1. The offensive line won't miss Evan Mathis
Outside of Allen Barbre pushing Ryan Mathews into the end zone, the Eagles got some incredibly poor guard play last night. (See Ryan at Chipwagon for all the ugly.) Even Chip gave up on his signature inside zone runs because he didn't trust the inside blocking. Thank your lucky stars that the injury to Jason Peters (who looks pretty much the same as he did at the end of last year) wasn't serious.
2. 11 new starters won't take time to adjust
Including the guards, the Eagles replaced about half of their offensive and defensive starters this offseason. And despite their sterling offseason work (which was little more than a couple quarters of work against vanilla schemes), this team needs time to gel. Sam Bradford was out of sync with every wide receiver and tight end not named Jordan Matthews. The defense frequently looked confused presnap. While the second half was more promising, this looks like a team that may not put it all together in the first few weeks.
3. Byron Maxwell is a #1 shutdown corner, worth $22 million guaranteed.
The Eagles paid Maxwell like he was a top five NFL cornerback. Hard to look at his performance last night and not think Cary Williams could have done just as poorly for a fraction of the cost. Julio Jones is one of the best receivers in the league, so any corner is going to struggle--but you don't get the the Super Bowl without getting by a few great wideouts. Oh, and old man Roddy White made it look easy against Maxwell too.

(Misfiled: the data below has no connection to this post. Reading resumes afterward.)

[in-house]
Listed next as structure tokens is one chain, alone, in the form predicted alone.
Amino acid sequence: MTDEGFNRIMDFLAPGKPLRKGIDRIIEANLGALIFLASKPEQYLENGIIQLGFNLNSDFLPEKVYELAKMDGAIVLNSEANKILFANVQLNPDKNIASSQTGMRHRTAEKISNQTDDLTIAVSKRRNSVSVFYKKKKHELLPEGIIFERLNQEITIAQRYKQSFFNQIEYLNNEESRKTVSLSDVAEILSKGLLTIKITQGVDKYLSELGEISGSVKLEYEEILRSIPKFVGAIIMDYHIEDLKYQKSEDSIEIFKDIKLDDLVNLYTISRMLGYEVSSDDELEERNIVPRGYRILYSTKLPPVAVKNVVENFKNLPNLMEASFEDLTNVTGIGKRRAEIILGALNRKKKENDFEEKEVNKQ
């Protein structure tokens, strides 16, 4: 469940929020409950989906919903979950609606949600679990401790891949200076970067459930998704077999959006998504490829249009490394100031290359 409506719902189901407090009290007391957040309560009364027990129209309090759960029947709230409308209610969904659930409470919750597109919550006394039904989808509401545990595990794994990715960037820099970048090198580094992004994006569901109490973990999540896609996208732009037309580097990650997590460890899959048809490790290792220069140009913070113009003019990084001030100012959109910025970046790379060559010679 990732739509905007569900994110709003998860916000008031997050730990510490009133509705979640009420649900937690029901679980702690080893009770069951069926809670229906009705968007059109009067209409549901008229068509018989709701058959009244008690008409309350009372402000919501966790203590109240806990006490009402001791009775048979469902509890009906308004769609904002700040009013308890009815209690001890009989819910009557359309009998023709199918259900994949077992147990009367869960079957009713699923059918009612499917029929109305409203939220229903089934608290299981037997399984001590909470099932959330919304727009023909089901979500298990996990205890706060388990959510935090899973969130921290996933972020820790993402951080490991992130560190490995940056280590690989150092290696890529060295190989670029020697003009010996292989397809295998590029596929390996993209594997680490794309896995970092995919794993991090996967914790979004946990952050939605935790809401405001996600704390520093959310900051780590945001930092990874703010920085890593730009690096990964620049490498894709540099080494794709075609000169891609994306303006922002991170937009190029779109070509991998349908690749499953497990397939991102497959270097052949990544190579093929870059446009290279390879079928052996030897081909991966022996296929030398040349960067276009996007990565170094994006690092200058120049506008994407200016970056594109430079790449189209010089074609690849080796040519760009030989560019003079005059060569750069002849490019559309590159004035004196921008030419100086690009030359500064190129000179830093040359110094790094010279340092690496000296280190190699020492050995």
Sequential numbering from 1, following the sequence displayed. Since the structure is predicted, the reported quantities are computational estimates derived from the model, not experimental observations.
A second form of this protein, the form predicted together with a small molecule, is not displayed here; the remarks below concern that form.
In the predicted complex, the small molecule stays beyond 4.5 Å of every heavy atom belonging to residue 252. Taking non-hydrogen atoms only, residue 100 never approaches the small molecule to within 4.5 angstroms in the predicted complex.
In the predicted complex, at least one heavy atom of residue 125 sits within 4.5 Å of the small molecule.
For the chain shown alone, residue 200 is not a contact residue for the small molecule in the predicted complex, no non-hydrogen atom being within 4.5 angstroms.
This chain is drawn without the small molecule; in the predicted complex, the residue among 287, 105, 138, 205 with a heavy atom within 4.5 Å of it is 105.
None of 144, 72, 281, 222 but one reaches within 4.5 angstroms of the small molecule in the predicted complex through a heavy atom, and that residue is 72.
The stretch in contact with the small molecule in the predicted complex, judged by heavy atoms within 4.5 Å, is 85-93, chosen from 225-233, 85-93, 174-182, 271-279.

4. Nolan Carroll is a starting cornerback.
Chip and company praised Carroll to high heavens this offseason. Now we see he's the same player who could couldn't beat Bradley Fletcher last year. And if he's this bad, what about rookie and supposed instant contributor Eric Rowe? While we're at it, isn't everyone glad that the Eagles traded Brandon Boykin? It frees up playing time for future Pro Bowler Chris Maragos, who completely lost Roddy White in the end zone.
5. DeMeco Ryans isn't washed up.
Two Good Things: Walter Thurmond and Kiko Alonso
Neither played a perfect game, but they were difference makers on a defense that generated little pass rush and couldn't cover. This looks like a boom-or-bust unit that can mostly stop the run but has the same problems on the back end as last year. If that's the case, they'll need turnovers to make up the difference (looking at you, Malcolm Jenkins -- spend some time with the JUGS machine).
One Wait-And-See: Sam Bradford
Bradford was on fire most of the second half, raising his final completion rate (69%). Overall, you'll take that line from him, and the progress he showed in his first regular season game in 23 months. But I'll be interested to see in the All-22 whether he had opportunities deep and didn't take them. You want quarterbacks to take what the defense gives them, but one major concern with Bradford is whether he's willing to throw it long. He ended on Monday night with just 6.46 yards per passing attempt, basically his career average.
Overall Thoughts: no, the sky isn't falling. It's one last minute road loss against a team that could be better than we thought. But if you were predicting Super Bowl for this Eagles group, consider that this first game was remarkably similar to the opener last year--when the team needed a few lucky breaks to win 10 games, and still didn't make the playoffs. There's a long way to go.